Lemma 53.7.2. Let $k$ be a field. Let $X$ be a proper scheme over $k$ having dimension $1$ and $H^0(X, \mathcal{O}_ X) = k$. Let $\mathcal{L}$ be an invertible $\mathcal{O}_ X$-module. Assume

1. $\mathcal{L}$ is globally generated,

2. $H^1(X, \mathcal{L}) = 0$, and

3. $\mathcal{L}$ is ample.

Then $\mathcal{L}^{\otimes 2}$ is very ample on $X$ over $k$.

Proof. Choose basis $s_0, \ldots , s_ n$ of $H^0(X, \mathcal{L}^{\otimes 2})$ over $k$. By property (1) we see that $\mathcal{L}^{\otimes 2}$ is globally generated and we get a morphism

$\varphi _{\mathcal{L}^{\otimes 2}, (s_0, \ldots , s_ n)} : X \longrightarrow \mathbf{P}^ n_ k$

See Constructions, Section 27.13. The lemma asserts that this morphism is a closed immersion. To check this we may replace $k$ by its algebraic closure, see Descent, Lemma 35.23.19. Thus we may assume $k$ is algebraically closed.

Assume $k$ is algebraically closed. For each generic point $\eta _ i \in X$ let $V_ i \subset H^0(X, \mathcal{L})$ be the $k$-subvector space of sections vanishing at $\eta _ i$. Since $\mathcal{L}$ is globally generated, we see that $V_ i \not= H^0(X, \mathcal{L})$. Since $X$ has only a finite number of irreducible components and $k$ is infinite, we can find $s \in H^0(X, \mathcal{L})$ nonvanishing at $\eta _ i$ for all $i$. Then $s$ is a regular section of $\mathcal{L}$ (because $X$ is Cohen-Macaulay by Lemma 53.6.1 and hence $\mathcal{L}$ has no embedded associated points).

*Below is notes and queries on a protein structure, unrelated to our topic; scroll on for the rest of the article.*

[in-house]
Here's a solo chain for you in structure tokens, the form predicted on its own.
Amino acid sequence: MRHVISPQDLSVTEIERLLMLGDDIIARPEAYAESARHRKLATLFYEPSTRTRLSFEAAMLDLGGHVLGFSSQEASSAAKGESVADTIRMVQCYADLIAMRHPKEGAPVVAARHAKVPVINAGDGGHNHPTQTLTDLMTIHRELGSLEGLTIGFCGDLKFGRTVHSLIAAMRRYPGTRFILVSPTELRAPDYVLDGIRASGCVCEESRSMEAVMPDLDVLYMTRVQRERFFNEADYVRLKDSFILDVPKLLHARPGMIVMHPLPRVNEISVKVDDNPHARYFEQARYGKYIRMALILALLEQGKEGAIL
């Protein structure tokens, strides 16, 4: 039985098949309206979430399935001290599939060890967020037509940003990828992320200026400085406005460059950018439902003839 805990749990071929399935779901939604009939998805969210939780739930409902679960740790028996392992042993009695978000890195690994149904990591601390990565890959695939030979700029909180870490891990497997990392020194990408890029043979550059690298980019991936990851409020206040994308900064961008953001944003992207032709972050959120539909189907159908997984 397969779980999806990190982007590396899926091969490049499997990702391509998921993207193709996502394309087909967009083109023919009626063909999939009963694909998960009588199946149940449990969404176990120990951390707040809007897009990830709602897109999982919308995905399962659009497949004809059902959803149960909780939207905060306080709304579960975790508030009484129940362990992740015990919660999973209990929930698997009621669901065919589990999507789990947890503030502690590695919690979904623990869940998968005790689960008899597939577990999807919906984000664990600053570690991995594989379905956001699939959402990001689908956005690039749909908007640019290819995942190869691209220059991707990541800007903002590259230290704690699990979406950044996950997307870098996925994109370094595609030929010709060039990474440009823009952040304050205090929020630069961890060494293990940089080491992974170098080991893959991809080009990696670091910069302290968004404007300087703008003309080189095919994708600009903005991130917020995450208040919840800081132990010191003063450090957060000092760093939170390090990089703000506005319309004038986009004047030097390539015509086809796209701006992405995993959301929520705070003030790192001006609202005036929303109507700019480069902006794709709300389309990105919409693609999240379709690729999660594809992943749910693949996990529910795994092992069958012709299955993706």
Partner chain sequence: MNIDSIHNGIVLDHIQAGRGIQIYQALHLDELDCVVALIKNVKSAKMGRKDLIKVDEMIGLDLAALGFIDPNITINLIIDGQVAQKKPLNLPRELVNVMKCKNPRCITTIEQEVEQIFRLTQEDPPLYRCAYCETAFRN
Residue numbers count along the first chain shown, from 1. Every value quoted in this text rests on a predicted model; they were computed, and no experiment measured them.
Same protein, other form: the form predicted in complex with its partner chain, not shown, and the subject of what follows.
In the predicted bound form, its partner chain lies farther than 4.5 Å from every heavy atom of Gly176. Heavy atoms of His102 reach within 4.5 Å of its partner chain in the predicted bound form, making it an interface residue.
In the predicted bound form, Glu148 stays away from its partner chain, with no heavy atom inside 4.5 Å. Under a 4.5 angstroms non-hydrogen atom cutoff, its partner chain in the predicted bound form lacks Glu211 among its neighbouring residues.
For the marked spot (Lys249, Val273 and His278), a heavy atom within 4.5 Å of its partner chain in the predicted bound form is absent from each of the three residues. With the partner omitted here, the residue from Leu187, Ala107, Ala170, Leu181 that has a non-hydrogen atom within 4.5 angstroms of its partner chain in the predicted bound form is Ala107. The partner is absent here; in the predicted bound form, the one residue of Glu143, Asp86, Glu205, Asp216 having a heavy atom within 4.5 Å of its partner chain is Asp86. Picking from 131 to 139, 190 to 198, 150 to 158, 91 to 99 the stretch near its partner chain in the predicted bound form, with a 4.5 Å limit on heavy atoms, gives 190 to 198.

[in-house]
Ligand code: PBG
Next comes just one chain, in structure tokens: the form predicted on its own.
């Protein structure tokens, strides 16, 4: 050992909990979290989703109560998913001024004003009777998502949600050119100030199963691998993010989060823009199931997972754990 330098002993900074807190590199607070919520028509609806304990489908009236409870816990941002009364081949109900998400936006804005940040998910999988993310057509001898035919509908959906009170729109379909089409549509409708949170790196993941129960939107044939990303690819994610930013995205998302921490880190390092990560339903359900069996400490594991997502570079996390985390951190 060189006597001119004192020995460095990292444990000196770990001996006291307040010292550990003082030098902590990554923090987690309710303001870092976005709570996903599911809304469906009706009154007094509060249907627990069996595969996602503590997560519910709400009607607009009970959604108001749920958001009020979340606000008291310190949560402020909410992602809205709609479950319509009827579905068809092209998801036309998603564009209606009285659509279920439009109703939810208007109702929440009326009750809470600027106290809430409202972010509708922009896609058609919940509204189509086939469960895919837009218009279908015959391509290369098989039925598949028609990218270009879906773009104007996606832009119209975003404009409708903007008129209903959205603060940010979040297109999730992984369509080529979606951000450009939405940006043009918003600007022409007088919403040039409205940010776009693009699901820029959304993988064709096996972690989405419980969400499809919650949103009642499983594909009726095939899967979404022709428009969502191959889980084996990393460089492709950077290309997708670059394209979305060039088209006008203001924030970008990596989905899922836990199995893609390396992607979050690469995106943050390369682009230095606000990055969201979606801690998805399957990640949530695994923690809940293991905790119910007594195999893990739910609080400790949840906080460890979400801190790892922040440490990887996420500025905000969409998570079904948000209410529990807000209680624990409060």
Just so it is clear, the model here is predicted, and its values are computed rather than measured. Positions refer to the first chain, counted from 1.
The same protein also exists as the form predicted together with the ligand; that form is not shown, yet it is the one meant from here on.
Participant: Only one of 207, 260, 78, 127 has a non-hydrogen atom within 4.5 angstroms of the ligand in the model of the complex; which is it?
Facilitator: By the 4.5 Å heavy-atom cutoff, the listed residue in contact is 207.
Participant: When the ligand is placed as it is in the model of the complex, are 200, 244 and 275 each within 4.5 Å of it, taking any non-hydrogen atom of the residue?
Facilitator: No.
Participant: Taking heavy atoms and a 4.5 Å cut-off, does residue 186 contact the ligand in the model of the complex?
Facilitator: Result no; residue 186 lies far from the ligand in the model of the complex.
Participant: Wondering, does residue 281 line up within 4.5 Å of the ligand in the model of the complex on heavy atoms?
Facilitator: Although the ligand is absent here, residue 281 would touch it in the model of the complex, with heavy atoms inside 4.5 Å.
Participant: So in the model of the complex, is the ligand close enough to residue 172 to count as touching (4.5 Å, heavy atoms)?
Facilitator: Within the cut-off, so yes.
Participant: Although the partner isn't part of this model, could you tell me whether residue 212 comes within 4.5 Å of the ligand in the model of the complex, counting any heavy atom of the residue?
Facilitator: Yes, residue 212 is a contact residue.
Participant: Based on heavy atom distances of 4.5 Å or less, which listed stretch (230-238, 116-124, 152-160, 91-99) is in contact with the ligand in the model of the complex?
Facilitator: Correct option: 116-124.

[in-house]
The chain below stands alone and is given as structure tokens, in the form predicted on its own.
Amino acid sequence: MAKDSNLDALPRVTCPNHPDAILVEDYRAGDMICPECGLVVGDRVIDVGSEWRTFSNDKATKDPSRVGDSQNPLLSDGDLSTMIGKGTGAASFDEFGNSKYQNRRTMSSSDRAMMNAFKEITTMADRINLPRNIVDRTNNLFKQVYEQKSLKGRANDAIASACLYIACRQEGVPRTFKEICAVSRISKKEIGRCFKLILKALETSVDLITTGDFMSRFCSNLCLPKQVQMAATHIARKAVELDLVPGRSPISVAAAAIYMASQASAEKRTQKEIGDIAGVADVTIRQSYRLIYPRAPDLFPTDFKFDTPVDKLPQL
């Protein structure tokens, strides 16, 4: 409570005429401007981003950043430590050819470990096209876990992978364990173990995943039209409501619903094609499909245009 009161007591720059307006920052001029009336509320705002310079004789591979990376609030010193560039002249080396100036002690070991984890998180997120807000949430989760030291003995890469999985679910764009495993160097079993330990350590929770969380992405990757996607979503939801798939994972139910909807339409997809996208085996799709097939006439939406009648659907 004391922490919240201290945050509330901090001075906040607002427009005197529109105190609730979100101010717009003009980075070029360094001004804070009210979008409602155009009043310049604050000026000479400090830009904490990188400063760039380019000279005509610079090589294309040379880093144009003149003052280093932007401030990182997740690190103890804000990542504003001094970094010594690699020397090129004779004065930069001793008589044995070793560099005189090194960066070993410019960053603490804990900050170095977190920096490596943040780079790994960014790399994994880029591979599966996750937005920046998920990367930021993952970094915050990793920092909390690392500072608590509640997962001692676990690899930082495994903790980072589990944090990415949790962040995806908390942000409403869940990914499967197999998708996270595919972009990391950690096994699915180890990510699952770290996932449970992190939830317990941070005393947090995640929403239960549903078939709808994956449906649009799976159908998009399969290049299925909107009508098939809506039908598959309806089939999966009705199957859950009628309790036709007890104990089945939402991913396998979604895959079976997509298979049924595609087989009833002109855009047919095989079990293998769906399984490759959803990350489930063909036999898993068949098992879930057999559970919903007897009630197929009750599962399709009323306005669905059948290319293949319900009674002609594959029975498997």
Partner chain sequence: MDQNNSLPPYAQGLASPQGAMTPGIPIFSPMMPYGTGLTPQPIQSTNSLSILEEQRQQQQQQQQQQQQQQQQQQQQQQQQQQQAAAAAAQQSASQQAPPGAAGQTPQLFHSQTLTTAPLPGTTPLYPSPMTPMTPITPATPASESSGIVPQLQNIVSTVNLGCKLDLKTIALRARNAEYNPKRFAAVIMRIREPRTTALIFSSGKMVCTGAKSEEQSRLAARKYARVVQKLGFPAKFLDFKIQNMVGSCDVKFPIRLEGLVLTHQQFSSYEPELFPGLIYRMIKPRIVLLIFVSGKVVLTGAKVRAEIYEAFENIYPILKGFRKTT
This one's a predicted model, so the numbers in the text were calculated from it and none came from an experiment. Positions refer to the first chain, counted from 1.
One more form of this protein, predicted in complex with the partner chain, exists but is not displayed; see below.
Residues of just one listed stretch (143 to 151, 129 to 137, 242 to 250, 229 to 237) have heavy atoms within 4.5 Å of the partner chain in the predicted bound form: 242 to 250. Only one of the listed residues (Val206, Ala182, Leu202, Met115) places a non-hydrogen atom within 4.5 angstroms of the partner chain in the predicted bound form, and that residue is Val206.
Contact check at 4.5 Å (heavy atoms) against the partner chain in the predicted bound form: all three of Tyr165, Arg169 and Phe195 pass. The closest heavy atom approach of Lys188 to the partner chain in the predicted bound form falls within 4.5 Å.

In particular, all of the statements given in the proof of Lemma 53.7.1 hold with this $s$. Moreover, as $\mathcal{L}$ is globally generated, we can find a global section $t \in H^0(X, \mathcal{L})$ such that $t|_ Z$ is nonvanishing (argue as above using the finite number of points of $Z$). Then in the proof of Lemma 53.7.1 we can use $t$ to see that additionally the multiplication map

$\mu _ n : H^0(X, \mathcal{L}) \otimes _ k H^0(X, \mathcal{L}^{\otimes 2}) \longrightarrow H^0(X, \mathcal{L}^{\otimes 3})$

is surjective. Thus

$S = \bigoplus \nolimits _{n \geq 0} H^0(X, \mathcal{L}^{\otimes n})$

is generated in degrees $0, 1, 2$ over $k$. Arguing as in the proof of Lemma 53.7.1 we find that $S^{(2)} = \bigoplus _{n} S_{2n}$ is generated in degree $1$. This means that $\mathcal{L}^{\otimes 2}$ is very ample as desired. Some details omitted. $\square$

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